The set concludes with a new version of “Say My Name,” a song Mumu wrote about Sandra Bland, who died in police custody in 2015, and the impact it had on her. Starting off with a 1950s doo-wop circle, she blends traditional soul elements with politically relevant lyrics. Given Mumu’s stint writing and touring with The Roots after high school, it was only fitting to have front man and lyrical force Black Thought make a special guest appearance.

Hip-hop has changed. Eminem (and Nicki Minaj) should go sit in a corner somewhere and complain together over whatever types of tea millionaire hip-hop NIMBYers with trash albums drink. And I’m a hip-hop head, raised on the music of the ’90s, where if you ask me some of the best hip-hop to ever exist was created. But times change and things change and if it didn’t the culture would die. Kanye has said a lot of dumb shit, but listen to the kids, bro” is proving to be fairly prophetic. Lots of these young rappers are doing things with music that artists in the ’90s would never contemplate doing. From Kendrick to Chance to Saba to even artists like Lil Uzi Vert, music is doing shit nowadays that it has never done. With that news, there’s a new-old group on the horizon.

Happy anniversary to Black Thought’s 10 minutes of pure excellence. It was an unexpected, yet welcome, surprise. The irony of this freestyle over Mobb Deep’s classic BURN” is not lost on us. I remember how the internet went crazy, as it should have. The reactions on social media, as well as the comment section on Hot 97’s YouTube clip, are amazing. I just want to go back to that day for a few minutes, show the freestyle and also post a few reactions.

But if these insurgent young wild-styles still perplex you, two new lightning bolts may have brightened your December skies. The first one struck YouTube on Thursday: a locomotive 10-minute freestyle by Black Thought of the Roots. The second hit the sales floor Friday: Eminem’s new studio album, “Revival.” And while these were two distinct chunks of music — Black Thought’s deeds sounded herculean while Eminem’s notepad seems to have exploded in the microwave — both were cheered as rebuttals to the mumble-jumble of Lil Uzi Vert , Playboi Carti, Migos and all of the other young voices currently pushing rap into alien turf.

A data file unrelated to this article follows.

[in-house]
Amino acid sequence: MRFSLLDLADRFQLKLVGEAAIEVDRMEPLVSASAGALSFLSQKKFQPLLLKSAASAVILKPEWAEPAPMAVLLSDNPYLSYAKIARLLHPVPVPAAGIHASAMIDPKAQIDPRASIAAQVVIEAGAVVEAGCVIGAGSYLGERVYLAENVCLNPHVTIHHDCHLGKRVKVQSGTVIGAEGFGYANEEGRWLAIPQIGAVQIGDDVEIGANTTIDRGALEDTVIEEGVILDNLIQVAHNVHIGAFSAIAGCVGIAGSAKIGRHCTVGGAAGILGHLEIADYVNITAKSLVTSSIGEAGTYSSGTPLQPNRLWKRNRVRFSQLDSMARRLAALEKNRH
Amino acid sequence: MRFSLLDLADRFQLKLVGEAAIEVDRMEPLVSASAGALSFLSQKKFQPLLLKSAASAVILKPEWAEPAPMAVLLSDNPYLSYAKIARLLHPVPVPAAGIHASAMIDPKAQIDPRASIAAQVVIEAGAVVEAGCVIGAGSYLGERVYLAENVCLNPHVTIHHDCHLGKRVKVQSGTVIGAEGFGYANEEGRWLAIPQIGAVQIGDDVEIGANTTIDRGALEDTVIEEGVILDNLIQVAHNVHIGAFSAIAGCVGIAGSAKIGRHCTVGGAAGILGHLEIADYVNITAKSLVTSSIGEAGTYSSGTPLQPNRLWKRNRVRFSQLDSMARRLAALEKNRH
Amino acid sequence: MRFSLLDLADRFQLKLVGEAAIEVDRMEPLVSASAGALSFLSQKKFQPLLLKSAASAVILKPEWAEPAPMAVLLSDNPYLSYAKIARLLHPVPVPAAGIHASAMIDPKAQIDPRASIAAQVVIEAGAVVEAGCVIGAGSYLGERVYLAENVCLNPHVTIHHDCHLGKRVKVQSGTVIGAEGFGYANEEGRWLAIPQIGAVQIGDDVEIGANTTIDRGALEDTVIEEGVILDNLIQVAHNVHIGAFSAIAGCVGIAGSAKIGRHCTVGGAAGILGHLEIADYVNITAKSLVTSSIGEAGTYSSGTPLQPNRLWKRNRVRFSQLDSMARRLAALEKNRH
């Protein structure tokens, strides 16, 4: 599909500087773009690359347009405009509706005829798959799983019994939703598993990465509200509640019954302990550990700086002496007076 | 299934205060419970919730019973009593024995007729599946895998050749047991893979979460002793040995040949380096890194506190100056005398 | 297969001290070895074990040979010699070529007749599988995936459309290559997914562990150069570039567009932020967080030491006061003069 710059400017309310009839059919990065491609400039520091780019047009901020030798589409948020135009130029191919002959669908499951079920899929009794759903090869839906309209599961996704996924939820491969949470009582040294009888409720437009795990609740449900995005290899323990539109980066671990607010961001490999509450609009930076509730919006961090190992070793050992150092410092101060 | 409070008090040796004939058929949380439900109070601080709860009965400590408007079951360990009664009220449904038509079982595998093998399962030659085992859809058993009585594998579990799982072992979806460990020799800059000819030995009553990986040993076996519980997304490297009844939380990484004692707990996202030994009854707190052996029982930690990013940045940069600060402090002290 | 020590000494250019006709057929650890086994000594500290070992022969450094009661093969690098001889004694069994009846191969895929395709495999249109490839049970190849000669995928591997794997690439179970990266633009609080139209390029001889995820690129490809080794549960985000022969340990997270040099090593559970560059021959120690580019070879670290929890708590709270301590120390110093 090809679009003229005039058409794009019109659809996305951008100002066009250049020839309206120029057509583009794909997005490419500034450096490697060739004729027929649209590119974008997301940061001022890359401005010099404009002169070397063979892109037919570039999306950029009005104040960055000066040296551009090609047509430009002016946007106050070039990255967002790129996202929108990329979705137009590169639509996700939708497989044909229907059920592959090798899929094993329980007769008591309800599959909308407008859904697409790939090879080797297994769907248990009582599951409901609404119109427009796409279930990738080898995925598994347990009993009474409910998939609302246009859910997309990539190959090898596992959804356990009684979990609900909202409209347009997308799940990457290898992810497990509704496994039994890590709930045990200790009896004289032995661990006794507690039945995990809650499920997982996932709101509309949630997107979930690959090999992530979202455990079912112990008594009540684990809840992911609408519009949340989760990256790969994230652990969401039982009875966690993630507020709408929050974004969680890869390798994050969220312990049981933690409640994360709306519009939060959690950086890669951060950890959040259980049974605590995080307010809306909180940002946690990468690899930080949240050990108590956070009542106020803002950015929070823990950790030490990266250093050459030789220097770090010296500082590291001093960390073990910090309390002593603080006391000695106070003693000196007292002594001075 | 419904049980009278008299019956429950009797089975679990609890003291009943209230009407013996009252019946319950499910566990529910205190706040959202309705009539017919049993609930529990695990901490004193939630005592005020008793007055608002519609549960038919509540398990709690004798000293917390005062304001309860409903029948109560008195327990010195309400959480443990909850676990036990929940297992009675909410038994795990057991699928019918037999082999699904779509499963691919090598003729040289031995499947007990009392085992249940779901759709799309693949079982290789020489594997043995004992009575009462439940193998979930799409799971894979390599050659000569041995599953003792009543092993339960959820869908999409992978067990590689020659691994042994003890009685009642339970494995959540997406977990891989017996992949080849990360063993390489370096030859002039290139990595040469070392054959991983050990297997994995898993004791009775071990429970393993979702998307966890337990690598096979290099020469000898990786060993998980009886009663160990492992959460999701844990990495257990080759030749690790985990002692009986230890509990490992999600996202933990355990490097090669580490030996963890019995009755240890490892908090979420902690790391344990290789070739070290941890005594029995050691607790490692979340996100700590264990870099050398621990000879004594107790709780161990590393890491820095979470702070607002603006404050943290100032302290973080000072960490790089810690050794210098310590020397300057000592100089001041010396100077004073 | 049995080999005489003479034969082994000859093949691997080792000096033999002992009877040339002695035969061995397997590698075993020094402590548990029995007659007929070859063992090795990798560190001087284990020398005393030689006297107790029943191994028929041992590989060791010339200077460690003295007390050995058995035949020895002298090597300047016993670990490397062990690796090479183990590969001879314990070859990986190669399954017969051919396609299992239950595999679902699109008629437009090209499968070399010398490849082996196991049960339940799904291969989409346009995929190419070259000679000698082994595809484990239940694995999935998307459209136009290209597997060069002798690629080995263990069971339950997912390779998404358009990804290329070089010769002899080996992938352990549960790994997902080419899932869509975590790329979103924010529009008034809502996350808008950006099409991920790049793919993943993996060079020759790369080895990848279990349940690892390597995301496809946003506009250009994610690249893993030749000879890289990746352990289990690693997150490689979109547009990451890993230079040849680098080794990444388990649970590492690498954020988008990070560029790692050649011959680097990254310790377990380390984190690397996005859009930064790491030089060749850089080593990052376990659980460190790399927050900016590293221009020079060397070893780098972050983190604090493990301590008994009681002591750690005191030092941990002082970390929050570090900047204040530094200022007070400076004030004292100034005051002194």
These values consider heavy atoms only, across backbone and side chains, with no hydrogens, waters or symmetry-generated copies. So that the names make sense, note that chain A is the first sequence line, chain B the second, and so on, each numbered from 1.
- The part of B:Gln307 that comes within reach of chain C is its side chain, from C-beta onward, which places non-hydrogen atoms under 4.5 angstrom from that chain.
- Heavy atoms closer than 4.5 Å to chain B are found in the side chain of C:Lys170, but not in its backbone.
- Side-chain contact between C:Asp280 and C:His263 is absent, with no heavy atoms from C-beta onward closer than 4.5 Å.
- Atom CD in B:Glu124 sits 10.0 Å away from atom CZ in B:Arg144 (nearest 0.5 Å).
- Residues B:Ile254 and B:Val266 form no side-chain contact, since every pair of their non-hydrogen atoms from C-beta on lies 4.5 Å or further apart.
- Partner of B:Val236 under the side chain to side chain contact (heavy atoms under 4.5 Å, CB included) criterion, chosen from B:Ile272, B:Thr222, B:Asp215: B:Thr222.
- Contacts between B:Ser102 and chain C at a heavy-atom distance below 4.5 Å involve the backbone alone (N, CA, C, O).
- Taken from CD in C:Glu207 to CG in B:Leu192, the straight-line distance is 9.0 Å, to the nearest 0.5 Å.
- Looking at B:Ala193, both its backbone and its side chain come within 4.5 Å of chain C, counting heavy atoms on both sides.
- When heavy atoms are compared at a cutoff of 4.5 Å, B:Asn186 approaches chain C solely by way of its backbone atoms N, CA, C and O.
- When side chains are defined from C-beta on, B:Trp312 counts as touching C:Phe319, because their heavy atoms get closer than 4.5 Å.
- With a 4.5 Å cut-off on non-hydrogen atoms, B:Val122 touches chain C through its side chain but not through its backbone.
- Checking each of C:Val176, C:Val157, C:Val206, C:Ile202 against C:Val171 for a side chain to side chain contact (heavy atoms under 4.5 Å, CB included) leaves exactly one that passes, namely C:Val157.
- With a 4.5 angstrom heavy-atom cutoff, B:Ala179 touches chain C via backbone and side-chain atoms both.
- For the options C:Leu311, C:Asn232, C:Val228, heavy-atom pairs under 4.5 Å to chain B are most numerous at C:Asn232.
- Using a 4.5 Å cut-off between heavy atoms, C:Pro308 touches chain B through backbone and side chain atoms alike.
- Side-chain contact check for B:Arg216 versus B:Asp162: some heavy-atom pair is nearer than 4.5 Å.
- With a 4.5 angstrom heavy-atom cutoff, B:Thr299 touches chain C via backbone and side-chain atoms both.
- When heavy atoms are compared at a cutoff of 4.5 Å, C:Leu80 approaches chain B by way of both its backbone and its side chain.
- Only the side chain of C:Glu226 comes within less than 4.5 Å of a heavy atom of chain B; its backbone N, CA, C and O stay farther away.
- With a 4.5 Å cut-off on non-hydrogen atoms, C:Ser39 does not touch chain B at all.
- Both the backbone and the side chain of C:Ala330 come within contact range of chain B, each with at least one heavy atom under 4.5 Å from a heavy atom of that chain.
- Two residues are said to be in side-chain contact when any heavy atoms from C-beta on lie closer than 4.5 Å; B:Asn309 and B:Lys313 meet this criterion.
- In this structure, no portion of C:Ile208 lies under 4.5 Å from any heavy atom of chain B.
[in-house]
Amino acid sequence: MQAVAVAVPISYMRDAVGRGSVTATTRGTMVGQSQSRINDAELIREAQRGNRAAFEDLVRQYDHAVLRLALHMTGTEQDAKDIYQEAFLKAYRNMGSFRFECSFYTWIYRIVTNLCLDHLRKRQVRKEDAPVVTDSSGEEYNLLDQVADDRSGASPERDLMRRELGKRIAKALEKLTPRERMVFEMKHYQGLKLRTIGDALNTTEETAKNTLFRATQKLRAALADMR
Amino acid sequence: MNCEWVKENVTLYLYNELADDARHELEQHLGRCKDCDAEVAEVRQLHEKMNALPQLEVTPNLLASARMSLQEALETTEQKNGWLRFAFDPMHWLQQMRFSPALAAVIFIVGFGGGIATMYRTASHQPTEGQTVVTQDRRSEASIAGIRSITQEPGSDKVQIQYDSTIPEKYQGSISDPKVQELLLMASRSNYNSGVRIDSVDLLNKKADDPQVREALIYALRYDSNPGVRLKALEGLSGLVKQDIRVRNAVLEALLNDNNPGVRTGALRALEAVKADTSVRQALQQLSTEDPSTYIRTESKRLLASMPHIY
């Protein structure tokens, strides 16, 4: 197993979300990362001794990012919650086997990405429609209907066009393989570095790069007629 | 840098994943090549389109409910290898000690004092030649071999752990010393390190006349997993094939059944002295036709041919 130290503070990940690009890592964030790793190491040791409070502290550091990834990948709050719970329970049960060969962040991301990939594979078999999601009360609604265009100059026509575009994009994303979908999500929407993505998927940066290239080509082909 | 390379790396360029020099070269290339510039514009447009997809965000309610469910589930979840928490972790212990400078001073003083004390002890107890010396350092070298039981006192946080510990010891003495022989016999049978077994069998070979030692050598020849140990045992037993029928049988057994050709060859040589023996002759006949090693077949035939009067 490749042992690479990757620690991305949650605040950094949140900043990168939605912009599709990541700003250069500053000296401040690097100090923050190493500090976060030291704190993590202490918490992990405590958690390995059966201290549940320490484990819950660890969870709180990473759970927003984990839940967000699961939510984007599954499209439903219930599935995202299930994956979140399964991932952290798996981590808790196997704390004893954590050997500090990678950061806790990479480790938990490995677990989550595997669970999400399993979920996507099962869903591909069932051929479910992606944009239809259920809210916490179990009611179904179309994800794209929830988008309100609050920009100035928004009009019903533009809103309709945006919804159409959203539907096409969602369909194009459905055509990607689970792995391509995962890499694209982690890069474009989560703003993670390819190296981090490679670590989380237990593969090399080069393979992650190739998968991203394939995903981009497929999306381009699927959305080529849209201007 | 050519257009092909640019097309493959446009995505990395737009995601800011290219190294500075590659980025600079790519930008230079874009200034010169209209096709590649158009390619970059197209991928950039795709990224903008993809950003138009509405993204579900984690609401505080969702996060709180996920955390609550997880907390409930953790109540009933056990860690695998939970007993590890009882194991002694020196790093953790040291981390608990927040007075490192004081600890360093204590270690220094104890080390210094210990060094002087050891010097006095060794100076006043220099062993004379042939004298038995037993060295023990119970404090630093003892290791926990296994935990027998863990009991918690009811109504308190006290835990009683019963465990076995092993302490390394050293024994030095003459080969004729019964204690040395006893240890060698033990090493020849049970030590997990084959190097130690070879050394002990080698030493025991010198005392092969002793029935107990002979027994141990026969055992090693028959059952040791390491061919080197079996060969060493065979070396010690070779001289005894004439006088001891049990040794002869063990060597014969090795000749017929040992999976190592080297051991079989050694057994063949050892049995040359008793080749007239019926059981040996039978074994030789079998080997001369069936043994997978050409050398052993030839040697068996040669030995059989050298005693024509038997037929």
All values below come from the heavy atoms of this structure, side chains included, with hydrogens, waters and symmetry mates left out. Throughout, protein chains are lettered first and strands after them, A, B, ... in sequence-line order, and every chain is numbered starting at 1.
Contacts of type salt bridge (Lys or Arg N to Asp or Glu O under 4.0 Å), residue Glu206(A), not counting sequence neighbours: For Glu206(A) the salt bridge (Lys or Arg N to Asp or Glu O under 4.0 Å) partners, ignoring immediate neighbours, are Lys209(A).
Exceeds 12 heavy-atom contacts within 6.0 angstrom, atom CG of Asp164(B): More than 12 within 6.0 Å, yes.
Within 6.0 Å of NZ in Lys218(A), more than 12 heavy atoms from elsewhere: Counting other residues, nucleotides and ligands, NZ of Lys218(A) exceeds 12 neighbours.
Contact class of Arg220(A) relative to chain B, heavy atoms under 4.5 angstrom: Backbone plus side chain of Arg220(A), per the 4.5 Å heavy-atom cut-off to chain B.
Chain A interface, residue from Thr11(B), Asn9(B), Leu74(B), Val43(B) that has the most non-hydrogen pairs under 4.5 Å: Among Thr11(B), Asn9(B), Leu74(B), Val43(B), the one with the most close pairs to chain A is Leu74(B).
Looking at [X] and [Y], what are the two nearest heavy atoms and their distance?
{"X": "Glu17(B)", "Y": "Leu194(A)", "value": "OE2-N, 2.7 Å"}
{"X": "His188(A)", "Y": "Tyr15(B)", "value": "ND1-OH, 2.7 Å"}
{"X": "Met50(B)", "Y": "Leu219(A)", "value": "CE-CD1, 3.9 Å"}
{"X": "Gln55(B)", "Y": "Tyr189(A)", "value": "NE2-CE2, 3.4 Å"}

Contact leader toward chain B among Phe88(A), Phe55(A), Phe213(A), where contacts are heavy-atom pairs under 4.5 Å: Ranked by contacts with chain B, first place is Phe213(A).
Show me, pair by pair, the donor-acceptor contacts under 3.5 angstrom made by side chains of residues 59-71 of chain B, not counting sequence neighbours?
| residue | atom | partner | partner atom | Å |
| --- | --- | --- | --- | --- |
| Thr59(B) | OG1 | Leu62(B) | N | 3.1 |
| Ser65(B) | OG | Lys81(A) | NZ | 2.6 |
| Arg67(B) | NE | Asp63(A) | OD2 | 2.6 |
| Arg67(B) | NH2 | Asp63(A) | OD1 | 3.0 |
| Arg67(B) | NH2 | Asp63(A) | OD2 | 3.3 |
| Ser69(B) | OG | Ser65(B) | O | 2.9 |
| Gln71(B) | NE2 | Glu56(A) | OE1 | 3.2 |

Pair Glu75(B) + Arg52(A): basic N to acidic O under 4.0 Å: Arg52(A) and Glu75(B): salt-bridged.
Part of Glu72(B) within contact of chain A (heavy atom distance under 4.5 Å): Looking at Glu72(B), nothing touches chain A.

It’s always been about the greater good of our organization for me. All those solo efforts that I’ve announced, it breathes new life into the awareness of me as an artist. The Roots brand always has to be maintained, and we’re just at a place now where prime-time TV affords us a different sort of visibility and I’m able to kind of take a step back and focus on some of the other creative energy that I still need to get out. None of this is my solo album. It’s just a chance to see me in a different light doing a different thing.

With a growing chronological divide between the era of New York 80s rap and the present, there are less vehicles for those inspirations and influences to trickle down into the creative spaces occupied by modern young musicians. These vehicles can be trusted elders who show you their dusty old vinyls, a throwback joint that finds its way to the radio, or ten-minute freestyle clinics from 46-year old rappers.

Presented by The Friends of Education of The Museum of Modern Art as part of the series Conversations: Among Friends, this evening’s program, Crossing Disciplines, features a conversation between artist Leslie Hewitt and musician Tariq ‘Black Thought” Trotter, moderated by Jasmine Martin. The discussion focuses on their collaborations, the symbiotic relationship between music and art, and the shared influences, inspirations, and cultural identities that have shaped their careers.

In December 2017, Black Thought appeared on HOT 97 with Funkmaster Flex where he performed a 10-minute freestyle over “The Learning (Burn)” instrumental by Mobb Deep This freestyle went widely viral, trending over Twitter for the next days and hitting millions of views on YouTube 28 29 Streams of Thought, Vol. 1 , a collaborative EP with producer 9th Wonder , was released on June 1, 2018. 30 Streams of Thought, Vol. 2: Traxploitation, a collaboration with producer Salaam Remi , was released on November 26, 2018.

Unless you’ve been living under a rock or are just completely inept when it comes to navigating social media, you’ve definitely stumbled across Black Thought ‘s electrifying Hot 97 freestyle at some point this past weekend.

Summary: The debut five-track solo EP from The Roots’ Tariq Trotter was produced by 9th Wonder and The Soul Council. The Roots MC Tariq Black Thought” Trotter remembers that day. Tariq is the best rapper I’ve ever heard ever in life. I will continue to say that.